In celebration of Women's History Month, we continue to share stories of women in medicine. In this episode, we hear from Leah Backhus, MD, MPH, FACS, who works in the Department of Cardiothoracic Surgery at Stanford and serves as the chief of Thoracic Surgery at the VA Palo Alto and co-director of the Thoracic Surgery Clinical Research Program. Additionally, Dr Backhus has grant funding through the Veterans Affairs Administration and NIH. This episode will include Dr Backhus' journey into medicine and how she became only 1 of 10 Black women who are full professors in the US. The discussion will include unconscious bias, diversity, minorities in medicine, and the importance of creating a circle of advocates and mentors.
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Ruth Adewuya, MD: Hello, you are listening to Stanford. Medcast Stanford's CME podcast, where we bring you insights from the world's leading physicians and scientists. This podcast is available on Apple Podcast, Amazon Music, Spotify, Google Podcast, and Stitcher. If you're new here, consider subscribing to listen to more free episodes coming your way. I am your host, Dr Ruth Adewuya. In honor of Women's History Month, our hot topics mini-series is sharing stories of women in medicine. Today. I am chatting with Dr Leah Backhus. Dr Backhus trained at the University of Southern California and the University of California Los Angeles. She is associate professor of cardiothoracic surgery at Stanford University and has grant funding through the Veteran's Affairs Administration and the NIH. Her research examines imaging surveillance, following treatment for lung cancer. She holds several leadership roles within the society of thoracic surgeons, American Association of Thoracic Surgery and Women in Thoracic Surgery. She also serves as chair of the Women and Lung Cancer Task Group of the National Lung Cancer Roundtable of the American Cancer Society, and prior chair of the ACGME thoracic residency review committee. Thank you so much, Dr Backhus for chatting with me today.
Leah Backhus, MD: Thank you very much for having me. It's a pleasure to be here.
Adewuya: When did you first consider pursuing medicine and what sparked that interest?
Backhus: I had a pretty early interest in medicine. I'm not exactly sure where it came from, but in the sixth grade I made an announcement to my mom, was the only person around to make announcements to. That I wanted to be a neurosurgeon. I just said, "What's the part of the body that we know the least information about?" The various people in my unofficial sixth grader poll said, "The brain. I said, "Fantastic. Then I would like to do surgery on that." I actually held onto the belief and notion that I wanted to go into neurosurgery all the way up into second year of medical school.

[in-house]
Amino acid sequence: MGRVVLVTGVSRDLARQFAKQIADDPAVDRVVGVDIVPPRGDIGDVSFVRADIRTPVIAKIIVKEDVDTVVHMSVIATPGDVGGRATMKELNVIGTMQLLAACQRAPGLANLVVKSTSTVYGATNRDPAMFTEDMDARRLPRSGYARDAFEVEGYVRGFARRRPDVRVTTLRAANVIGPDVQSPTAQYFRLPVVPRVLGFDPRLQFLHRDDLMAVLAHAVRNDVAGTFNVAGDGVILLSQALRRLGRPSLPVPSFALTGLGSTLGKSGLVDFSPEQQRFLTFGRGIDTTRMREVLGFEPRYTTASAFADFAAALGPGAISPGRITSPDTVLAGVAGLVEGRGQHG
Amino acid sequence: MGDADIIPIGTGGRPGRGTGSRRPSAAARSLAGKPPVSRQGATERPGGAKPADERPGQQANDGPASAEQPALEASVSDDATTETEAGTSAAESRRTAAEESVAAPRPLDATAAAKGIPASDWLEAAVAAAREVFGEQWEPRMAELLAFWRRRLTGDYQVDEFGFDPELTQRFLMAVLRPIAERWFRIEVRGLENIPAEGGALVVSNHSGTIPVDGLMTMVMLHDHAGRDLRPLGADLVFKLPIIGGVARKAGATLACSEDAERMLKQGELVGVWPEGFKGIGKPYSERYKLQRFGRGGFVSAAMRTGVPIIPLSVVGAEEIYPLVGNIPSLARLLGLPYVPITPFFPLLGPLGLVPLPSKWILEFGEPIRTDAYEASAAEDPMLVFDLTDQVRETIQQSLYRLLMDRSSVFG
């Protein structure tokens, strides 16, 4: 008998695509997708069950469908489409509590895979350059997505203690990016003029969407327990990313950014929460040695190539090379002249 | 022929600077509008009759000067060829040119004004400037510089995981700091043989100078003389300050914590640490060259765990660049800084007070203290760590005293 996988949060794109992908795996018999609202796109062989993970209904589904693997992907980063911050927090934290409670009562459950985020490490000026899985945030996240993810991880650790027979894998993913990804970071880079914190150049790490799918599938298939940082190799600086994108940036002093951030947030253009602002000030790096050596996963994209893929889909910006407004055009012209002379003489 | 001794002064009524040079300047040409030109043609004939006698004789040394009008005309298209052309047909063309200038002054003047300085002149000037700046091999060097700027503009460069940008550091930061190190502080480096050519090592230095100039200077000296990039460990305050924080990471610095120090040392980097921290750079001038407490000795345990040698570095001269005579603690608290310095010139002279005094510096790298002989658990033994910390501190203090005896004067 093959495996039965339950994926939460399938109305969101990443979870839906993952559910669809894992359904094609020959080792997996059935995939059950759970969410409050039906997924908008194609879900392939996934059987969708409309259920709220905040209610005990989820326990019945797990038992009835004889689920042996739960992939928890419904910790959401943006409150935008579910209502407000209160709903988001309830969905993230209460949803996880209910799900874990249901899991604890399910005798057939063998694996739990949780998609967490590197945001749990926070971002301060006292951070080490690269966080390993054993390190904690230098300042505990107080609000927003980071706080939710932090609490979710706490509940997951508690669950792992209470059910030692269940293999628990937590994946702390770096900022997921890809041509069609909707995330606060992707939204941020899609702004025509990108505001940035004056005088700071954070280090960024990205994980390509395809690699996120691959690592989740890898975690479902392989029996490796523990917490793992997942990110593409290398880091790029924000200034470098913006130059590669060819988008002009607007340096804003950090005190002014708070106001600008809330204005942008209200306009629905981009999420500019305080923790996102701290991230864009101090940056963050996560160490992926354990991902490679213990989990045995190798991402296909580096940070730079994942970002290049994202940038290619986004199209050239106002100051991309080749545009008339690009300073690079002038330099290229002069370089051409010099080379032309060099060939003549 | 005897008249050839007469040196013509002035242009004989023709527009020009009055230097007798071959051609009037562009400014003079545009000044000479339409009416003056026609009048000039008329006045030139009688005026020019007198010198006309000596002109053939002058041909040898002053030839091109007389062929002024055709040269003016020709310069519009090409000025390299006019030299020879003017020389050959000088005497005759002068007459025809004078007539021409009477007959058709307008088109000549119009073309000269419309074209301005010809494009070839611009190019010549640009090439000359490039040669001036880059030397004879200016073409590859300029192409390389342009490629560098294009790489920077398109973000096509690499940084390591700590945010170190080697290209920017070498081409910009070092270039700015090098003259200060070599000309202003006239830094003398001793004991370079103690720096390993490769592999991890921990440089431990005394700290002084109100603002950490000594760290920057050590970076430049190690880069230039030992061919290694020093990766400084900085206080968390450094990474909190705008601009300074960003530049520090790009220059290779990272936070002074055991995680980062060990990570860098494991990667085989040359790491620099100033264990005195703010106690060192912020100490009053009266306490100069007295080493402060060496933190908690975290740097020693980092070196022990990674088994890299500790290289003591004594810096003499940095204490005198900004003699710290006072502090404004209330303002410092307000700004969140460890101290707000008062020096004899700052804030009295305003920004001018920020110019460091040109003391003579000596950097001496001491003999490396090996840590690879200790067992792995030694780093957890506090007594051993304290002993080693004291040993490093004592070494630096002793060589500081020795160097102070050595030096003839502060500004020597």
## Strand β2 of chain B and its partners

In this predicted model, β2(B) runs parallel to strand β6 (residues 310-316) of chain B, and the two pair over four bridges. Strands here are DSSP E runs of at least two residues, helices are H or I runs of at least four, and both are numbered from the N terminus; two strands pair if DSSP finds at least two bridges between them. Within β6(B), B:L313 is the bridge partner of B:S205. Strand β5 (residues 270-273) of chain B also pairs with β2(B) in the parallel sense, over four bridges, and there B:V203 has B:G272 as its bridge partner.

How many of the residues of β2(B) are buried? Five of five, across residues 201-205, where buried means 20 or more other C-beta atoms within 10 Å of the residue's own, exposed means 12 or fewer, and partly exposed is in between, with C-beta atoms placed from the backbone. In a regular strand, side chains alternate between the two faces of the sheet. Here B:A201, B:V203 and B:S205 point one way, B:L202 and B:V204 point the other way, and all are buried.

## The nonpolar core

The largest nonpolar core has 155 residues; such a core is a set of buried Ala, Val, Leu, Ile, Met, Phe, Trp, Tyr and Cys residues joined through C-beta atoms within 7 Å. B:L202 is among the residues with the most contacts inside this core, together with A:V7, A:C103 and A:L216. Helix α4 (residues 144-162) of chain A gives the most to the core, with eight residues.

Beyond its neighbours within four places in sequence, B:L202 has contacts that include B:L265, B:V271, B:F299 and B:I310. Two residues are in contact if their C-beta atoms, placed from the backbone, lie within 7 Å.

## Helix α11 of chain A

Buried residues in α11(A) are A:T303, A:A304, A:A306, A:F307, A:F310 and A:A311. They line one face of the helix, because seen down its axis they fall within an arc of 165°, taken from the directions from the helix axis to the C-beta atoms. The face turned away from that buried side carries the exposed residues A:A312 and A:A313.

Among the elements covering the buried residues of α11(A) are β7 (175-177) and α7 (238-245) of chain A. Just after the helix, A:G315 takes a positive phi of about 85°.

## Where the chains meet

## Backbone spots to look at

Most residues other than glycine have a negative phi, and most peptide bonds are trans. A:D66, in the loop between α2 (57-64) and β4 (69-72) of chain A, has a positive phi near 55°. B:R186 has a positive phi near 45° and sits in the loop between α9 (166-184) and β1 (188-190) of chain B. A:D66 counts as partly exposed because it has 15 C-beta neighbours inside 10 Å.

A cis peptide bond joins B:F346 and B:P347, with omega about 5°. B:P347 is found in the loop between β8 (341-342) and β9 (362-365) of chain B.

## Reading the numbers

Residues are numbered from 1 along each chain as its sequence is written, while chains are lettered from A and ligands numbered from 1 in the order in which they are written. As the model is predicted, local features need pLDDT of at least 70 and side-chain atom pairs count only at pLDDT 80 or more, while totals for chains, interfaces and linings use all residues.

Adewuya: Now, how did that pivot second year of medical school from neurosurgery to cardio thoracic surgery, how did that interest begin?
Backhus: Well, it was a combination of two things. One I was working in a neurosurgery laboratory and it felt like there were a lot of folks in there who were MDs, who didn't match into neurosurgery. It became readily apparent to me. You needed to be fully committed and all in. I didn't have that full commitment going. I just thought it was interesting, but I certainly figured I could probably find other things that were also interesting. Somewhat simultaneously, I'd set up meetings for myself with the local Los Angeles Neurosurgery Academic Elite, and was very underwhelmed by the support that I got from meeting with those folks. In fact, one said, "We only take Ivy League School graduates." I was like, "Okay, well Stanford's not chopped liver here." That wasn't enough for them. It almost seemed like deliberately discouraging. My big [sib 00:03:24], we have a big sib program in med school. He was also going into general surgery. He's like, "Well, why don't you do general surgery?" I was like, "Oh God, that's so general, which tells you how much I know." He's like, "If you don't really know what you want to do, it's a great segue to other things or you cannot do other things, and stick with general surgery." I thought that this was a solid plan and so I didn't get interested in thoracic surgery until my second year of general surgery, after having had more exposure.
Adewuya: I wanted to expound on one of the points you made, around how you set up meetings for yourself, but the meetings were not productive. In fact, felt intentionally discouraging. How did you then find the positive mentorship?